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Forbidden Peak is one of a kind “obelisk of rock”, created by the merging of several glacial cirques. Three remarkable ridges radiate from the summit (N, W, and E), Alpine Grade II-III and 5.2-5.8 (depending upon route and which guide you survey). The icefield and valley views, the alpine approaches, the rock quality, the shear majesty and position of the peak combine to make this a memorable and magnificent ascent by any route.
The West Ridge receives the most attention due to its inclusion in the 50 Classic Climbs in North America, and the attention is well-deserved. A rewarding and classic alpine climb leads to a summit with spectacular views of the nearby surrounding Northern Cascades. The summit ridge is one of the most beautiful rock ridges in the world – wild exposure, solid rock and moderate climbing all combine to make an amazing climb. You can also throw in a steep snow couloir, a moderate glacier and a beautiful, high alpine camp to round out this classic.
The approach to the West Ridge of Forbidden starts at 3,200’ on the Cascade River Road just outside the town of Marblemount. The trail leading to high camp starts in the forest but quickly climbs into the alpine. To reach your high, alpine camp you will end up climbing 3,100’ in approximately 3 miles. The approach trail is steep but it efficiently gets you to your highcamp. From there you will climb up to the base of the West Ridge Couloir via moderate snow and glacier. Climbing the couloir consists of steep, 45 to 50 degree snow, with often an easy mixed section near the top. Once you reach the ridge-crest you can cache your snow climbing gear and switch into rock shoes. The ridge itself is relatively easy in terms of technical difficulty, but the exposure and views are unmatched. The route follows on or near the ridge-crest all the way to the summit. The summit of this beautiful pyramid is truly spectacular.
Day 1: Seattle to Base Camp
Our day begins with a drive out to the Marblemount Ranger Station in the North Cascades, from where we begin hiking up the Cascade River Road to the trailhead. A gentle hike into the Boston Basin through forest and alpine meadows takes around half a day to reach camp.
Day 2: The Sharkfin Tower and Techniques Review
Today we take our time to review the various techniques for the challenge ahead. The snowfields and rock above camp serve as our training ground. As part of our training day will climb the Sharkfin Tower or depending on conditions can choose another easier objective. Our training will focus on movement skills, belaying and lowering techniques, glacier travel and self care skills. After our training day we return to camp to make our final summit preparations, before an alpine start.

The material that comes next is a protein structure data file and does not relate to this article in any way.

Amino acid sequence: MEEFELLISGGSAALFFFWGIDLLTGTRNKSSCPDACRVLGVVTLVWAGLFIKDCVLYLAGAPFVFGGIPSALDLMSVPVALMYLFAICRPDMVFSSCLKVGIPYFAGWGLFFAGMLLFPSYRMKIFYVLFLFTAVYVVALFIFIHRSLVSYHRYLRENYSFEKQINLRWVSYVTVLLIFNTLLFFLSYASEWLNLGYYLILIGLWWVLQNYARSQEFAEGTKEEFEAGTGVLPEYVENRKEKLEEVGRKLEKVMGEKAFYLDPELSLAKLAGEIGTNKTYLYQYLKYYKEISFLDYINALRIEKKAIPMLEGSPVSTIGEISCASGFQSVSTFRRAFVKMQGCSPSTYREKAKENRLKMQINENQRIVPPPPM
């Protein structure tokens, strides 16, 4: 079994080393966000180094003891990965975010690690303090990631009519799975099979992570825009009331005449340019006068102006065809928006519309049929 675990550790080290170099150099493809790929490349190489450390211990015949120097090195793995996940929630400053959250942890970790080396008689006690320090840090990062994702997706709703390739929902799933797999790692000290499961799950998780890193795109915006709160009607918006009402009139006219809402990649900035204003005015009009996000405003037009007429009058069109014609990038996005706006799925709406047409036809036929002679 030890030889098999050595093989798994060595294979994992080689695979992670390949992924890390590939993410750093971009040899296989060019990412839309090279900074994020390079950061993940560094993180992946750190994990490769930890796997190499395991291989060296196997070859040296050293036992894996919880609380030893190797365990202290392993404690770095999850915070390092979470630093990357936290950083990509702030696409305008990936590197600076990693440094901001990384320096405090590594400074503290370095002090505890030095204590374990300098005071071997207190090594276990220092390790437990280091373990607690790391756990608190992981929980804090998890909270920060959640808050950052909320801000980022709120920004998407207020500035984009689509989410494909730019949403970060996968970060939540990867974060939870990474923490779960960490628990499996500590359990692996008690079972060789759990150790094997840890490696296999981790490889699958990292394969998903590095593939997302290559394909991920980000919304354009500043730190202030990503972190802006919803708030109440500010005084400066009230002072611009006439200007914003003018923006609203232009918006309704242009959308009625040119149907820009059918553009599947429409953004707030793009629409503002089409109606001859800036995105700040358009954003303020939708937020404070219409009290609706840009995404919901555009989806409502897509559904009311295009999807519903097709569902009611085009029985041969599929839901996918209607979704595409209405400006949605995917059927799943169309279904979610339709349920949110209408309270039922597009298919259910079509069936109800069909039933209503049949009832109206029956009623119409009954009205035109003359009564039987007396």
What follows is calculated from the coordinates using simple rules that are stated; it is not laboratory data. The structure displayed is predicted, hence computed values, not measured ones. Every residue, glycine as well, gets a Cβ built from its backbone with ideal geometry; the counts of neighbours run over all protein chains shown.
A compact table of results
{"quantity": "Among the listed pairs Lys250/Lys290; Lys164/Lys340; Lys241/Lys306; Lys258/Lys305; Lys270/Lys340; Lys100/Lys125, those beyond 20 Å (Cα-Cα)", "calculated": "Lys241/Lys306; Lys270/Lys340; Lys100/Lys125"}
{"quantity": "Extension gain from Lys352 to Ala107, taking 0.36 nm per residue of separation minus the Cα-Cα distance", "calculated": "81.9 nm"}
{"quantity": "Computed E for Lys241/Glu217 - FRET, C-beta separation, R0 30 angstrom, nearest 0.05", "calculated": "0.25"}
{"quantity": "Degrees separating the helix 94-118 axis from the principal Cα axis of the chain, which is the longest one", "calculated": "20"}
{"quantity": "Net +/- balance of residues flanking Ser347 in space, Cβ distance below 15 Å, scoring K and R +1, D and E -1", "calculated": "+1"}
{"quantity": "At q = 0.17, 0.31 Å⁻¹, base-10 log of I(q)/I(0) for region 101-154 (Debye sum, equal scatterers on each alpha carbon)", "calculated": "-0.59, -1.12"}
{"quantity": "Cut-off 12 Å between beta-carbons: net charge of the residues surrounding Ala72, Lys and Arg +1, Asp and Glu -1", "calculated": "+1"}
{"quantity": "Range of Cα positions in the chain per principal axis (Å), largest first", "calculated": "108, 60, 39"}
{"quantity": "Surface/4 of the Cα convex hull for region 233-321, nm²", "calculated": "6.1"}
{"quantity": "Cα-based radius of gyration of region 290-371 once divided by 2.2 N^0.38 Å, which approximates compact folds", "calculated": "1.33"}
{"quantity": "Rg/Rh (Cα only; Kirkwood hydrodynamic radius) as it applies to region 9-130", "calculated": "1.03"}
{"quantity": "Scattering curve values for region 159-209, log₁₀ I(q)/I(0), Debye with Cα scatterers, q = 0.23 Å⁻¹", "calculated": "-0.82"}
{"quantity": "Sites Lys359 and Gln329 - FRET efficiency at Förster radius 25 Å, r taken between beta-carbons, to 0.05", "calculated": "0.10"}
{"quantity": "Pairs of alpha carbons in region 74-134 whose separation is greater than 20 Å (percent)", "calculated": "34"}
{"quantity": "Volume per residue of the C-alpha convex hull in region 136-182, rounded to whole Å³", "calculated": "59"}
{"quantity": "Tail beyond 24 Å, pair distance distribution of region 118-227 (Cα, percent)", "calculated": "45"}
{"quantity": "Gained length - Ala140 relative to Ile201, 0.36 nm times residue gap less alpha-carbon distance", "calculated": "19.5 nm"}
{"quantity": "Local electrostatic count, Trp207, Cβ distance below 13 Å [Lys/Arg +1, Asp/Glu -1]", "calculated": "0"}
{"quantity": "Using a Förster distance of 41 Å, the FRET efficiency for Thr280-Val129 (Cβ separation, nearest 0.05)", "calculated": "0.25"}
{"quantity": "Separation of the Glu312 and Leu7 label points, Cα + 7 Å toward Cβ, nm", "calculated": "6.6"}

Day 3: Summit Day
Our day begins with an early start and consists of ascending a small glacier below the South Face and then mid-fifth class rock and 40- to 50- degree snow and ice in the West Ridge Couloir. At the top of the couloir we cache our glacier gear for the fantastic mid-fifth class rock climb along the exposed crest to the summit. From the top the full majesty of the North Cascades are revealed with Mt. Baker to the northwest and views south all the way to Mt. Rainier. We spend the night back in camp celebrating our success!
Day 4: Back to Seattle
On our last morning break camp and hike down to our vehicles. Those with a plane to catch should plan for an arrival in Seattle around mid-afternoon.
N.B. Although we do our very best to follow the schedule listed, the very nature of climbing in an alpine environment requires flexibility. This itinerary is subject to change due to inclement weather, unsafe route conditions, and other reasons beyond our control.
Travel Insurance and Rescue Insurance:
We require the purchase of insurance plans to protect you from the unexpected. Please consult with your insurance company with any specific questions, regarding coverage, and policy details, and if you have any questions contact our offices.
We recommend that you bring snacks to supplement the mountain lunches for 3 days. Take snacks that you genuinely enjoy. Eating well is the key to maintaining your strength while in the mountains. And in order to combat the loss of appetite at altitude, it is best to have a variety of foods from which to choose, from sweet to sour to salty.
Pacific North West, USA
Summer 2015, TBD
Excellent physical condition, a knowledge of mountaineering techniques and previous alpine and rock climbing experience ideal. Climbers should be comfortable on 45 degree snow and ice slopes and climbing on exposed ridges.
1:1, 1:2, max 1:4
Does not include:
Pacific North West, USA
TBD according to group size
1:1, 1:2, max 1:4